Who might the Dallas Stars lose to the expansion draft in the summer?
Time to see what the stars can do for an encore.
Months after falling in Game 6 of the Stanley Cup Final against Tampa Bay, the Stars will have another shot at the Cup at the start of the NHL season on January 13th. Dallas will open training camp on January 3rd and play a 56-game regular season schedule in the revamped Central Division, which will include rivals from the normal division Chicago and Nashville, as well as Tampa Bay, Florida, Carolina, Columbus and Detroit.
With the season on the horizon, let’s take a look at 10 questions facing the stars. Here is the first part of the 10-part series.
10. Who could the stars lose against the expansion plan in the summer?
This has been a familiar question about the stars in recent years – since Seattle’s entrance was revealed – and has been dissected many times, but cannot be ignored as a plot for the season ahead.
This season will help determine the few decisions the stars have yet to make on their protection list, as well as who will be most attractive to the Kraken in July.
Since the rules for the Vegas draft expansion are the same as for 2017, the Stars will likely protect seven forwards, three defenders, and one goalkeeper. The other option is to protect eight skaters and one goalie. However, this would mean the Stars would protect a fourth defender more than three additional strikers. With Stephen Johns and Jamie Oleksiak having unrestricted free agents this summer and the potential Thomas Harley not being able to be selected, the stars lack a defender worth avoiding the 7-3-1 format.
General manager Jim Nill has to protect four players from non-movement clauses: strikers Jamie Benn, Tyler Seguin and Alexander Radulov and goalkeeper Ben Bishop. Roope Hintz, Denis Gurianov and Radek Faksa will be protected after each new contract signing this off-season. On the blue line, John Klingberg, Miro Heiskanen, and Esa Lindell are the obvious choices.
The stars essentially have to make a decision: do they want to protect Joe Pavelski or Jason Dickinson?
Pavelski will be 37 when the draft expansion is in, and he will have an expensive cap hit of $ 7 million (and a $ 8 million salary) for the final year of his contract. During his first season in Dallas Pavelski was underutilized by 14 goals during the regular season, but led the team with 13 goals in the playoffs.
Pavelski’s declining production and high price could be enough to deter Seattle on its own, and Dallas protecting it would be an unnecessary measure. But Pavelski is also a well-spoken ex-captain familiar with the Pacific Division, a marketable face for an expansion franchise to build on.
For Dickinson he has developed into one of the most versatile players of the stars, who can play up and down in the line-up both in the middle and in the wing. His offensive advantage is limited, but he will be a 26 year old restricted free agent who is a defensively responsible and above average skater. It’s also possible that Ty Dellandrea impressed enough during the season to make Dickinson a luxury the stars could part with.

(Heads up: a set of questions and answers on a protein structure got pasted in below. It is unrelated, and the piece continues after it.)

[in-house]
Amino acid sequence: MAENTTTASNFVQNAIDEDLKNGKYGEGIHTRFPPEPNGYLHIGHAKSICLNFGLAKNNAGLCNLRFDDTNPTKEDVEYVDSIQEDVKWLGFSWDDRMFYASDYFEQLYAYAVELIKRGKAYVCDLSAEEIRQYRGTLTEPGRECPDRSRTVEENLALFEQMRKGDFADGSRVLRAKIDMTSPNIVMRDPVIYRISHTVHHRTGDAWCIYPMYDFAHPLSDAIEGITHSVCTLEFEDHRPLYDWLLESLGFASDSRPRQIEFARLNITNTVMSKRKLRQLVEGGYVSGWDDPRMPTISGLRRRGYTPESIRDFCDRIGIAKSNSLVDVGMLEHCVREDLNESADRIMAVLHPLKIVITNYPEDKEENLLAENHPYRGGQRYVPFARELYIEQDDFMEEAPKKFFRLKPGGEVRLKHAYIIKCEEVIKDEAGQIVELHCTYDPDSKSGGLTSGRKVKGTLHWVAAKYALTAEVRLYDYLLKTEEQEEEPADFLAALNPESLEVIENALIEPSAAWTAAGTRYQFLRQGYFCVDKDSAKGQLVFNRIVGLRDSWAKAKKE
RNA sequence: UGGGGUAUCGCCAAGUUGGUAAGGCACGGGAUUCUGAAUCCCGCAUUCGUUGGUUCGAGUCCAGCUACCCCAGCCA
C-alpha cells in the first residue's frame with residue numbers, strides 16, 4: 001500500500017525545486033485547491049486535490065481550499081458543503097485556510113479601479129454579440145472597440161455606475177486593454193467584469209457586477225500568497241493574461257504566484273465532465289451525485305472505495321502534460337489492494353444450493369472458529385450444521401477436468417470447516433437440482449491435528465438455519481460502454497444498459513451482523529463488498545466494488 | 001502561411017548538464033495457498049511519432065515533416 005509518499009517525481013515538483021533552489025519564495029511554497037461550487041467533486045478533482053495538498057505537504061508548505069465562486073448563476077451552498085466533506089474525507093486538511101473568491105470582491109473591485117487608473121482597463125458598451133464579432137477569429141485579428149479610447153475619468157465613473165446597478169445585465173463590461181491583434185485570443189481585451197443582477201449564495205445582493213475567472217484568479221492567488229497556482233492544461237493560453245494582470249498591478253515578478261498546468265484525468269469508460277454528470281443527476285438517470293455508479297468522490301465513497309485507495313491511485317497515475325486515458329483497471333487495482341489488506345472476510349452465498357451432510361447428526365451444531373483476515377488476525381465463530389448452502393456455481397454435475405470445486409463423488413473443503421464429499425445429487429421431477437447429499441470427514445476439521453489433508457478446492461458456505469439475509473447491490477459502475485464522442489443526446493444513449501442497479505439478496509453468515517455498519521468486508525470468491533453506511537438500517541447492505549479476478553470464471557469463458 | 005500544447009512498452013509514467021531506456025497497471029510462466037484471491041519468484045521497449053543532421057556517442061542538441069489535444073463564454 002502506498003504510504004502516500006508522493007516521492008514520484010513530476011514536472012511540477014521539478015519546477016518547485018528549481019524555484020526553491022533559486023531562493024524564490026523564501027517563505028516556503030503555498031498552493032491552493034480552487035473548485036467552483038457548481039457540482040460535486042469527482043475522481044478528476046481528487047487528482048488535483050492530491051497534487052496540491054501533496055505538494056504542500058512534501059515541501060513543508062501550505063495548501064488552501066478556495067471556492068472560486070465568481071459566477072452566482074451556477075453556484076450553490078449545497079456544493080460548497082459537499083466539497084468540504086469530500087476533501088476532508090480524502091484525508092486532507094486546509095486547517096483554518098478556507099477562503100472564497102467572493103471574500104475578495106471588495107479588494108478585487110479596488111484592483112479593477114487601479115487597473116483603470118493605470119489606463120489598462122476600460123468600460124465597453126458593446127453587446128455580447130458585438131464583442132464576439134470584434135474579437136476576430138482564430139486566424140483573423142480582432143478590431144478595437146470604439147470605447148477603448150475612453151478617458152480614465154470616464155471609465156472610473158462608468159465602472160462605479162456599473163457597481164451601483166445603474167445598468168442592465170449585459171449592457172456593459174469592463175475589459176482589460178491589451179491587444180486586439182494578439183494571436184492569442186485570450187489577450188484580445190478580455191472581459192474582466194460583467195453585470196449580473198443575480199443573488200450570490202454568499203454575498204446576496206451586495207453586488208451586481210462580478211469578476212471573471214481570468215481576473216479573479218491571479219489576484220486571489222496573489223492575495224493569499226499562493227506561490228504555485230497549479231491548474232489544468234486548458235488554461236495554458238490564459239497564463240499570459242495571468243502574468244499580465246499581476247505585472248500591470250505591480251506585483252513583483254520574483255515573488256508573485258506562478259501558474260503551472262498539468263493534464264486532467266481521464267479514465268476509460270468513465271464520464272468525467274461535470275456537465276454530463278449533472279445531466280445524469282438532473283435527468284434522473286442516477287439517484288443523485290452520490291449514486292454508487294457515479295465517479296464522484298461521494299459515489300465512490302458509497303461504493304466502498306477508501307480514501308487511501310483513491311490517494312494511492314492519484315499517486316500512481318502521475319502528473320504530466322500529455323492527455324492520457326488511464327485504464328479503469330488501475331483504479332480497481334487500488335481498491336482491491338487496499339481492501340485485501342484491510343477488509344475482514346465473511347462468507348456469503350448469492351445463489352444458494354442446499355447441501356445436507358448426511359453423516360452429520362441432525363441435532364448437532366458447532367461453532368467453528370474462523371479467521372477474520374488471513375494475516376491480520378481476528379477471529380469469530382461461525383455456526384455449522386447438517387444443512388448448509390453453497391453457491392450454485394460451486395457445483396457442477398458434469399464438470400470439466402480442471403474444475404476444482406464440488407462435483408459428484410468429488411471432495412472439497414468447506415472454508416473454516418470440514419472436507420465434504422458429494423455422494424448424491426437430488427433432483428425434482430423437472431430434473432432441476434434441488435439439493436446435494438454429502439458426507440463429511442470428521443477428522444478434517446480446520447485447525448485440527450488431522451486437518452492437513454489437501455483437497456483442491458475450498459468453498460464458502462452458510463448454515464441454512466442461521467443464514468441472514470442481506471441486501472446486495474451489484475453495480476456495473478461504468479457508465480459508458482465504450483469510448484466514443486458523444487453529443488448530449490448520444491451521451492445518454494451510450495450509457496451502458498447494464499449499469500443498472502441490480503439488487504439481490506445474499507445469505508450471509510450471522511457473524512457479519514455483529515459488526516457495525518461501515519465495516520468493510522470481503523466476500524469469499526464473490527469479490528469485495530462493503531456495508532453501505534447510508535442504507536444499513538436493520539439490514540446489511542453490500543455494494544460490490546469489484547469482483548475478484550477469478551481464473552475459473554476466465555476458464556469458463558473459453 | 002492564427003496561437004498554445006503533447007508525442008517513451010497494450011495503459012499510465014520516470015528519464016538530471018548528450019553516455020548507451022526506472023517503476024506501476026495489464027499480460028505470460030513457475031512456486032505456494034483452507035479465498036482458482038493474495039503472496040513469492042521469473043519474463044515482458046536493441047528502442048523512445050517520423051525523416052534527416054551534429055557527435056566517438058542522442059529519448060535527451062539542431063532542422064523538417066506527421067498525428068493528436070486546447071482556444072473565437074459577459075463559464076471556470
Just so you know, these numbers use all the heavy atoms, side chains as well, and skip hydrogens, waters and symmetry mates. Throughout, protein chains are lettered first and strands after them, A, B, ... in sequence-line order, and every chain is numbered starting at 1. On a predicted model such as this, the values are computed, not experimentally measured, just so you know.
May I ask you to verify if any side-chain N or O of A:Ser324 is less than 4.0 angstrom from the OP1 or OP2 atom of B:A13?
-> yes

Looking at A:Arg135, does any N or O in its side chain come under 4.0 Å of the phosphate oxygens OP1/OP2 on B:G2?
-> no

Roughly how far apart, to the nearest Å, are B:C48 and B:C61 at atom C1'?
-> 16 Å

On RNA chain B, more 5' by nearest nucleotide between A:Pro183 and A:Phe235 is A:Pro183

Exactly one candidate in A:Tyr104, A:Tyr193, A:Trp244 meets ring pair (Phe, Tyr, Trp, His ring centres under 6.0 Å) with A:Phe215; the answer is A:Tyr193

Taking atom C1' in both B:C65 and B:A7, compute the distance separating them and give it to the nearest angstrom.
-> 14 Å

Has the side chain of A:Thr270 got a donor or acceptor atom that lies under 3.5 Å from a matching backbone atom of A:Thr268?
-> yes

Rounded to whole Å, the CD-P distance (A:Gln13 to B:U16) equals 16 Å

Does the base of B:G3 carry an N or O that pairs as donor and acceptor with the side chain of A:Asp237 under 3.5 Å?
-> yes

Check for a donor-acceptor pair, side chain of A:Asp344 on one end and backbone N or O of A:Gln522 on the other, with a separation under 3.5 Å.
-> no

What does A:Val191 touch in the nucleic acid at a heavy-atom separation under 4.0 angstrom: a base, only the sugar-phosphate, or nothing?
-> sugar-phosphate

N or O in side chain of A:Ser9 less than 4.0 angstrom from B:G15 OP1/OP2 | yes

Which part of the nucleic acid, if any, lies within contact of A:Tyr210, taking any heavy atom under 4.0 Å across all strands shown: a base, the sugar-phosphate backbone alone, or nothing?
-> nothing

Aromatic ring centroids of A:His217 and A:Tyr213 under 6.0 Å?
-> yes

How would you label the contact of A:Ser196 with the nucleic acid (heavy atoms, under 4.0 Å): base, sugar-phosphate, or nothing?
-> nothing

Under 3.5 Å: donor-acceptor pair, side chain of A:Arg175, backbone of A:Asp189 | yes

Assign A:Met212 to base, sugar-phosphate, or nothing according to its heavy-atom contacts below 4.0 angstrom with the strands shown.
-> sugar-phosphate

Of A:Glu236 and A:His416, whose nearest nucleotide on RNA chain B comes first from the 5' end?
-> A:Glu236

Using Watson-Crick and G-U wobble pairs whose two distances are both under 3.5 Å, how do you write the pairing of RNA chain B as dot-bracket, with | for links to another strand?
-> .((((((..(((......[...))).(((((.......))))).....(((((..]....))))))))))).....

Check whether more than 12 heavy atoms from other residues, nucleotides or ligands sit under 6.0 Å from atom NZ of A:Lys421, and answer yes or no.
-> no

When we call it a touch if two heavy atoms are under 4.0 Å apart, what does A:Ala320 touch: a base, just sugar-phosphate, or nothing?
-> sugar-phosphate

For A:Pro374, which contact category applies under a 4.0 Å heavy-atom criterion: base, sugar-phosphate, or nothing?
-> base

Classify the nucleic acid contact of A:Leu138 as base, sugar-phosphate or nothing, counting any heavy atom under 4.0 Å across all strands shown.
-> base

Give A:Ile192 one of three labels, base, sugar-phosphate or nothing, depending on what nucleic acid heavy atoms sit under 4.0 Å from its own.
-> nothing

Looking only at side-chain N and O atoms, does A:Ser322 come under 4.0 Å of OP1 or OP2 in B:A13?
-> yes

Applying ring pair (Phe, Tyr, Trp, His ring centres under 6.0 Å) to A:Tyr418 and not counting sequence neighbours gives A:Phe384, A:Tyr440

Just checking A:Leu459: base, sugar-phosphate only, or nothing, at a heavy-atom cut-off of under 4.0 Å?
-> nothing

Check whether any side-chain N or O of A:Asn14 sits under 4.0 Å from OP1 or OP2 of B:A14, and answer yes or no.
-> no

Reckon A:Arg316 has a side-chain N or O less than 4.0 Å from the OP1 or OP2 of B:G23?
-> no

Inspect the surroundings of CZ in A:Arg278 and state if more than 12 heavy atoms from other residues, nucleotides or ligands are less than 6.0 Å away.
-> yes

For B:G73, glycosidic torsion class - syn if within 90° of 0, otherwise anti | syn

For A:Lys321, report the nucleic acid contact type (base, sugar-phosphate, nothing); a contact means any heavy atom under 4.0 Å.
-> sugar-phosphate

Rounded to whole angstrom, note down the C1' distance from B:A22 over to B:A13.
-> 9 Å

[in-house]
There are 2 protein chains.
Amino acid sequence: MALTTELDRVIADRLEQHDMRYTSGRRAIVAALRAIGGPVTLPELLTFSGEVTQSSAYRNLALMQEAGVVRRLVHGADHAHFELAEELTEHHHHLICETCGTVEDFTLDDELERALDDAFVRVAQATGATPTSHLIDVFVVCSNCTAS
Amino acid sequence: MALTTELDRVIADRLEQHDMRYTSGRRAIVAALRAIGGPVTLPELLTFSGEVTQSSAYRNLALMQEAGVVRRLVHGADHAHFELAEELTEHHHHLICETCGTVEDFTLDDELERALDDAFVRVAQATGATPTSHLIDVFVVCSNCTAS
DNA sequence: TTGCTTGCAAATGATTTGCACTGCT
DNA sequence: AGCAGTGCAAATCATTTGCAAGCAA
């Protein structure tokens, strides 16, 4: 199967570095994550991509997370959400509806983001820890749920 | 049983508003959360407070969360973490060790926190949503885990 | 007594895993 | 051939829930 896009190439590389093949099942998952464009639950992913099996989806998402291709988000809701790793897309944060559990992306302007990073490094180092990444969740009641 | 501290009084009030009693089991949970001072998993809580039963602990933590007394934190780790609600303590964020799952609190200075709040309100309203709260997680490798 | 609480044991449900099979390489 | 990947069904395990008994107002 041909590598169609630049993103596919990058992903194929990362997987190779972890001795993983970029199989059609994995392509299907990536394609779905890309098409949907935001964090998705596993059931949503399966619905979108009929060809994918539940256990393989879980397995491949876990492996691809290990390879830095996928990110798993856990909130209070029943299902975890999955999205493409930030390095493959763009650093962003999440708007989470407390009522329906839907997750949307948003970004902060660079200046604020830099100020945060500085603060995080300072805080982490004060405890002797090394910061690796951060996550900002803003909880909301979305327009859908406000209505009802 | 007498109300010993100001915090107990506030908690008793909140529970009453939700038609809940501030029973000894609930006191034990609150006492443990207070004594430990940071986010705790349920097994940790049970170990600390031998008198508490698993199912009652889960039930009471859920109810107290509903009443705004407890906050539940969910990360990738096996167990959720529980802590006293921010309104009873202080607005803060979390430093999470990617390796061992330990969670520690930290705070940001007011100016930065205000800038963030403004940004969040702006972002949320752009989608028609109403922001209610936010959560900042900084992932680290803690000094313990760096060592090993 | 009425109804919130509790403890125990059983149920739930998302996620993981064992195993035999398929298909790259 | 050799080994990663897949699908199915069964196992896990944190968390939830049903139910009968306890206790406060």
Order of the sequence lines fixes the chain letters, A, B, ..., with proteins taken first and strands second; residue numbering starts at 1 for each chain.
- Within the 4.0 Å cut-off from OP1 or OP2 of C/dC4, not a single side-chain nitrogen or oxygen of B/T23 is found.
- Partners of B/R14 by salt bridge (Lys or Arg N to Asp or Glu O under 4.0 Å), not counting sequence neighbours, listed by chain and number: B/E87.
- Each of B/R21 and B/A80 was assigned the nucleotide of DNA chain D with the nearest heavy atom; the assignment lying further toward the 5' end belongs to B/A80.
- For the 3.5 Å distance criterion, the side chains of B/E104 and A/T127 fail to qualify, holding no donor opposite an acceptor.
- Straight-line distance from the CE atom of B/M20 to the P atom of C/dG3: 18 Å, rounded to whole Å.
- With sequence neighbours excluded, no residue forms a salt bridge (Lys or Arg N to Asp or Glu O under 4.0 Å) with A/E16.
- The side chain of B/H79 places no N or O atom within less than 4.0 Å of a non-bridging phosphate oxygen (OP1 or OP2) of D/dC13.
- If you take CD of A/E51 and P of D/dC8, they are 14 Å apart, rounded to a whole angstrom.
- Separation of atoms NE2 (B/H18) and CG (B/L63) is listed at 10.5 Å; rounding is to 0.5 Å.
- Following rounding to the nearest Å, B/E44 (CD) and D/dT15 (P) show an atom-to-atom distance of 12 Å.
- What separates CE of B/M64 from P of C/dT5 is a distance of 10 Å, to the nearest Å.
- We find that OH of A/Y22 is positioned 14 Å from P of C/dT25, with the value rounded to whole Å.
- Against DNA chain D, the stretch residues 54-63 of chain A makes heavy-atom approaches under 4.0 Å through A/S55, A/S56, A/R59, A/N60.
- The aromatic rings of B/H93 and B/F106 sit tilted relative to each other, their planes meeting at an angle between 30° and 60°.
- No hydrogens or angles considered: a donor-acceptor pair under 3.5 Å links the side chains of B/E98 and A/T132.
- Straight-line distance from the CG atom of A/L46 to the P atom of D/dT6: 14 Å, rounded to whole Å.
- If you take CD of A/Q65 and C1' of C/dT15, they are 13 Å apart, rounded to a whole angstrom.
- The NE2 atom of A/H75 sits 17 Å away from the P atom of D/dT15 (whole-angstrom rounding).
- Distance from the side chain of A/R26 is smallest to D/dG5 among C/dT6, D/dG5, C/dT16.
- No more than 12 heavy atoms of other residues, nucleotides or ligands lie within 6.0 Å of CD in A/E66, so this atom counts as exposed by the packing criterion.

The Dickinson exposure could also be the Stars’ best defense against the Kraken picking goalkeeper Anton Khudobin. With Bishop as a protected goalkeeper, Khudobin is exposed. The best way to keep khudobin is to provide a more attractive destination. Dickinson could fit into this form, especially if goalkeepers Jake Allen (Montreal) and Brayden Holtby (Vancouver) are expected to be available.
The stars may also want Seattle to take Khudobin to clear the way for potential Jake Oettinger into the NHL.
Assuming the stars are protecting Dickinson, the Kraken will decide whether to take Khudobin or Pavelski.
Seattle will take a closer look at Khudobin this season when he and Ben Bishop are the team’s # 1 goalkeeper for knee surgery. The almost 36-year-old has never been a full-time starter, but maybe the Kraken doesn’t need Khudobin to be the front runner with Holtby. It also has to be weighed whether two more seasons of Khudobin with a cap hit of $ 3.333 million are worth it (the price is okay, but the run time may not be).
The only hiccups left in this plan is that the stars wouldn’t meet the requirement to expose at least two strikers and a defender who played either 40 games between 2020 and 21 or 70 games between 2019 and 21. On a pro-rata scale, that would mean 27 games in 2020-21.
Andrej Sekera would meet the defense requirements, as would Dickinson or Pavelski, whoever is left unprotected. Andrew Cogliano, Blake Comeau, and Justin Dowling wouldn’t work as they are both UFAs in the summer. That leaves Nick Caamano and Joel L’Esperance the best remaining options.
The Stars could also trade a player who has played enough games or sign Cogliano, Comeau or Dowling on a one-year contract to meet the requirement.
Find more star coverage from the Dallas Morning News here.